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Question Submitted by: DeWade Langley, Director, Oklahoma State Bureau of Investigation
1997 OK AG 16
Oklahoma Attorney General
Cite as: 1997 OK AG 16, __ __
¶0 We have received your request for an official Opinion of the Attorney General in which you asked, in effect, the following question:
Are documents comprising a background investigation performed by the Oklahoma State Bureau of Investigation (“the OSBI”) for the Judicial Nominating Commission public records which must be disclosed to the subject of the investigation upon request?
AUTHORITY OF THE JUDICIAL NOMINATING COMMISSION
¶1 The Oklahoma Constitution provides that in the event of any vacancy in a judicial office, it is incumbent upon the Judicial Nominating Commission (“the Commission”) to choose and submit the names of three (3) nominees for the position, from which list the Governor shall appoint one (1) person to the position:
When a vacancy in any Judicial Office, however arising, occurs or is certain to occur, the Judicial Nominating Commission shall choose and submit to the Governor and the Chief Justice of the Supreme Court three (3) nominees, each of whom has previously notified the Commission in writing that he will serve as a Judicial Officer if appointed. The Governor shall appoint one (1) of the nominees to fill the vacancy, but if he fails to do so within sixty (60) days the Chief Justice of the Supreme Court shall appoint one (1) of the nominees, the appointment to be certified by the Secretary of State.
Okla. Const. art. VII-B, § 4.
¶2 The Governor is required to use the services of the Commission in filling any vacancy to an office of district judge, associate district judge, or judge of any intermediate appellate court. 51 O.S. Supp.1996, § 10(a).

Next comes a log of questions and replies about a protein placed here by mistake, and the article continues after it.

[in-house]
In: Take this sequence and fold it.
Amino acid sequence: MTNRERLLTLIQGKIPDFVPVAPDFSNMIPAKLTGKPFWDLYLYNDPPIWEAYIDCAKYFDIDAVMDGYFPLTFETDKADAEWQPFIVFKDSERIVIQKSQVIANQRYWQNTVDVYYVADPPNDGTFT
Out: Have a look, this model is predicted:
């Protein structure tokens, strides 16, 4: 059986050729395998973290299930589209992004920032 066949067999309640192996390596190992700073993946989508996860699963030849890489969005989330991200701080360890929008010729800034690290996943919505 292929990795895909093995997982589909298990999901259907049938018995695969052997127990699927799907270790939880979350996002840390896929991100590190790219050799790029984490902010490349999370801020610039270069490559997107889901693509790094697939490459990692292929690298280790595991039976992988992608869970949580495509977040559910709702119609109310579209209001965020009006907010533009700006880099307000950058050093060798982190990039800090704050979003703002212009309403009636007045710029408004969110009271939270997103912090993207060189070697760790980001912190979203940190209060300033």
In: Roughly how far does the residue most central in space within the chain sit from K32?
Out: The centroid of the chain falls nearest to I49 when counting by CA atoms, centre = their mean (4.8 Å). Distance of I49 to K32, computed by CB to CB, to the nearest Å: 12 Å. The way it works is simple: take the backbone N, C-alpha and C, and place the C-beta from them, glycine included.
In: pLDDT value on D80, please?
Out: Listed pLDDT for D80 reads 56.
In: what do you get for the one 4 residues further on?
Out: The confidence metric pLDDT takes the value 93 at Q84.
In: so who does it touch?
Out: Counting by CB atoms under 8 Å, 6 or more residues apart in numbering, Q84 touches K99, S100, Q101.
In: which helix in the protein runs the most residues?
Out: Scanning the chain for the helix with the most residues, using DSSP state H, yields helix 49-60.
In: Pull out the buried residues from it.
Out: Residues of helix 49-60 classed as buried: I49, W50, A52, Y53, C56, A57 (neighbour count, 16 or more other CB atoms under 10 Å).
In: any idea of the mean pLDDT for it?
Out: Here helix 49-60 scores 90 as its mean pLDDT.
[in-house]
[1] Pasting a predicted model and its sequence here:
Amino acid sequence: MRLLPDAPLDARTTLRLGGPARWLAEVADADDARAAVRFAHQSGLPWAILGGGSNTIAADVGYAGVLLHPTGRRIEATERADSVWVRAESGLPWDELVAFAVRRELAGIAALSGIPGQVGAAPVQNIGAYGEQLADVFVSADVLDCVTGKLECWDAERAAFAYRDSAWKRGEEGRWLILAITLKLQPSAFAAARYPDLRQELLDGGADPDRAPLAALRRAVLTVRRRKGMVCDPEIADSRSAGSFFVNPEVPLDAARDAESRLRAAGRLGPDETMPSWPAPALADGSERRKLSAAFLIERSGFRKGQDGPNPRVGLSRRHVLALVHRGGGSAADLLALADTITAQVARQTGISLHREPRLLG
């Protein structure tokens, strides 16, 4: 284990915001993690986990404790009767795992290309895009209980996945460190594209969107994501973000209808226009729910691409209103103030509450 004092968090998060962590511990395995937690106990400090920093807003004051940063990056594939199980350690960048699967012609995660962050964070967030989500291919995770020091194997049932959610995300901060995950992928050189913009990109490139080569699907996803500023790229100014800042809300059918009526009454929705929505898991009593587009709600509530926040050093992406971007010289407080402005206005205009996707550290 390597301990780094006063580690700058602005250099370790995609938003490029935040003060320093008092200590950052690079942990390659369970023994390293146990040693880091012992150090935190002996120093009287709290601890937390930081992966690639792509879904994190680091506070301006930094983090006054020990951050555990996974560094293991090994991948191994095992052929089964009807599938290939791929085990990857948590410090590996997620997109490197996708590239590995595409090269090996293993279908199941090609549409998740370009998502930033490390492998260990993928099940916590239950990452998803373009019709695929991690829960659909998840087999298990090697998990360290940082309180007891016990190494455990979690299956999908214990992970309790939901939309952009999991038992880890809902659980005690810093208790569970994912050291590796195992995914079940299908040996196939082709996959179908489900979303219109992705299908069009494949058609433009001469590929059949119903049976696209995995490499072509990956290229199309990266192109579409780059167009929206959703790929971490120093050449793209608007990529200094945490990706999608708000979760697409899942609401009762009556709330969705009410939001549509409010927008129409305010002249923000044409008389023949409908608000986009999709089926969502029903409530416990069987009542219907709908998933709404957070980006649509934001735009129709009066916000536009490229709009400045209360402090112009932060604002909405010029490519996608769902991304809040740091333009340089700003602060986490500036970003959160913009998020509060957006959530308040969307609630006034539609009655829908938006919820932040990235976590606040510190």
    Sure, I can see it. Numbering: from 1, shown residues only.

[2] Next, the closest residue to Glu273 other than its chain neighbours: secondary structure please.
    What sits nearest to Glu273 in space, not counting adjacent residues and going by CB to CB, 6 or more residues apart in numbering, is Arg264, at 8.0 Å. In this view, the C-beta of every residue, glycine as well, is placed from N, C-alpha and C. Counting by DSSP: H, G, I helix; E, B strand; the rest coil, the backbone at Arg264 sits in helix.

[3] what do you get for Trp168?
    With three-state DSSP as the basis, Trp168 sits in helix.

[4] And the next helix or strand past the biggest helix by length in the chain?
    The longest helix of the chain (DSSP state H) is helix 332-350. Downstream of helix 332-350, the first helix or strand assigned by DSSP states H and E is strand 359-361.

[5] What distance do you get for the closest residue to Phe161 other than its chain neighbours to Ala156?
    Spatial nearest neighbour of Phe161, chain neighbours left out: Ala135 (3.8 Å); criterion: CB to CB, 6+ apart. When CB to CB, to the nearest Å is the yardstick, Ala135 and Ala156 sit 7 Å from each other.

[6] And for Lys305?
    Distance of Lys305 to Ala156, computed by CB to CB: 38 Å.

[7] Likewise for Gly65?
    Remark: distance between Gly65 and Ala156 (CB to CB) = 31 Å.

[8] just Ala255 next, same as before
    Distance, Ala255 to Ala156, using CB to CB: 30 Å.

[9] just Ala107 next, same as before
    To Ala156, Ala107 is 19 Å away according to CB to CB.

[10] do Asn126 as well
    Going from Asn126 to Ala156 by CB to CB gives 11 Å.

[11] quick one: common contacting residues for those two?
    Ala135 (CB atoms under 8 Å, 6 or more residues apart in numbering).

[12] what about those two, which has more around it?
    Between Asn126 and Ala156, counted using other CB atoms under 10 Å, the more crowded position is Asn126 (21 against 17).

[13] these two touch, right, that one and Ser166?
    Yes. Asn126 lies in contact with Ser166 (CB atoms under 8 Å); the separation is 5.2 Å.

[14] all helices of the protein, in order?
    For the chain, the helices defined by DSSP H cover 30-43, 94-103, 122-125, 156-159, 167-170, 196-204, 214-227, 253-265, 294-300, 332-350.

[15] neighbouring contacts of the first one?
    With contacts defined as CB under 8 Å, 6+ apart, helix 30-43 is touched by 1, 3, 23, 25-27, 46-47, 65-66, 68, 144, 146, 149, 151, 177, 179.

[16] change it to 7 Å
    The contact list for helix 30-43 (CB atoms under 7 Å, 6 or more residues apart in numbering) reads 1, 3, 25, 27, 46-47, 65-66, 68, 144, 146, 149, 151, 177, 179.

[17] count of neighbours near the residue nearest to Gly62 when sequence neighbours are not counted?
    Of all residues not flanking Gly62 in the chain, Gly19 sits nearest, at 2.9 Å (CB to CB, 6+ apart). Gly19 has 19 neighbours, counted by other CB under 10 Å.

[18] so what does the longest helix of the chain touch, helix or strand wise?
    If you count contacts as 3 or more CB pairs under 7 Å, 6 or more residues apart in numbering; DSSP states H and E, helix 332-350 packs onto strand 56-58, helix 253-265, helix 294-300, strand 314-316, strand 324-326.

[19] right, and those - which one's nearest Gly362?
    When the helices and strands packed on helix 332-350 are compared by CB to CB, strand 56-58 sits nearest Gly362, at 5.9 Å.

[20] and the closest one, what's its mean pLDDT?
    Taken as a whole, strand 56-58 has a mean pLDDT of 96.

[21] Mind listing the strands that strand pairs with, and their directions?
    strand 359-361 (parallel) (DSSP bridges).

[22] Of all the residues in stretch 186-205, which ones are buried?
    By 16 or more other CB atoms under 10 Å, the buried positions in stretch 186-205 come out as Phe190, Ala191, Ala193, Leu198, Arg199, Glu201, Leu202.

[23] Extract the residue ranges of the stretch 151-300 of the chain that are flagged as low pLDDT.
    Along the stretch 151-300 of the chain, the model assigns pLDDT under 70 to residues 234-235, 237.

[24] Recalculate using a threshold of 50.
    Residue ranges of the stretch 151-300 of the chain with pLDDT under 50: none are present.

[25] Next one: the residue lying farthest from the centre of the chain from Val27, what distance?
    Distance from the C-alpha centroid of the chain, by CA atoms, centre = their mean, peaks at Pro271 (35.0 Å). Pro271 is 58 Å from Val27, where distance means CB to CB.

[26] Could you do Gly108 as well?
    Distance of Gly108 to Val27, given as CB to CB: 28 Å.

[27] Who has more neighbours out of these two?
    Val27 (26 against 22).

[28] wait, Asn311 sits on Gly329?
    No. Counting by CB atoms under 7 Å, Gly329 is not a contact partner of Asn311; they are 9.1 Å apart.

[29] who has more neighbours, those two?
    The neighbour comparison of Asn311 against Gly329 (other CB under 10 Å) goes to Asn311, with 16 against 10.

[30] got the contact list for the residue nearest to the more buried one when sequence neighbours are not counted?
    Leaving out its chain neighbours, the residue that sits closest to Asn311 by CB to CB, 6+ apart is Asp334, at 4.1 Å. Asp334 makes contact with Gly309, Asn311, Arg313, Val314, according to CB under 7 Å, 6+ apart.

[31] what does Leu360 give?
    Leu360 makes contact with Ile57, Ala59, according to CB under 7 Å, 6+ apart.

¶3 To carry out its duties, the Commission is authorized to request and receive background investigations on nominees for judicial offices:
Of the full-time-equivalent employees authorized for the Oklahoma State Bureau of Investigation, one senior agent shall be employed for the purpose of conducting judicial background investigations requested by the Judicial Nominating Commission. When not conducting investigations for the Judicial Nominating Commission, the senior agent may be involved in investigations as requested by the Council on Judicial Complaints and in other investigations as deemed appropriate by the Director of the Oklahoma State Bureau of Investigation; provided, however, the first priority of the agent will be to respond to requests of the Commission.
¶4 As a general rule, all records relating to investigations of the OSBI are required to be kept confidential by the OSBI and any person authorized to receive the record, except as otherwise authorized by law:
All records relating to any investigation being conducted by the Bureau shall be confidential and shall not be open to the public or to the Commission except as provided in Section 150.4 of this title; provided, however, officers and agents of the Bureau may disclose, at the discretion of the Director, such investigative information to officers and agents of federal, state, county, or municipal law enforcement agencies and to district attorneys, in the furtherance of criminal investigations within their respective jurisdictions. Any unauthorized disclosure of any information contained in the confidential files of the Bureau shall be a misdemeanor. The person or entity authorized to initiate investigations in this section shall receive a report of the results of the requested investigation. The person or entity requesting the investigation may give that information only to the appropriate prosecutorial officer or agency having statutory authority in the matter if that action appears proper from the information contained in the report, and shall not reveal or give such information to any other person or agency. Violation hereof shall be deemed willful neglect of duty and shall be grounds for removal from office.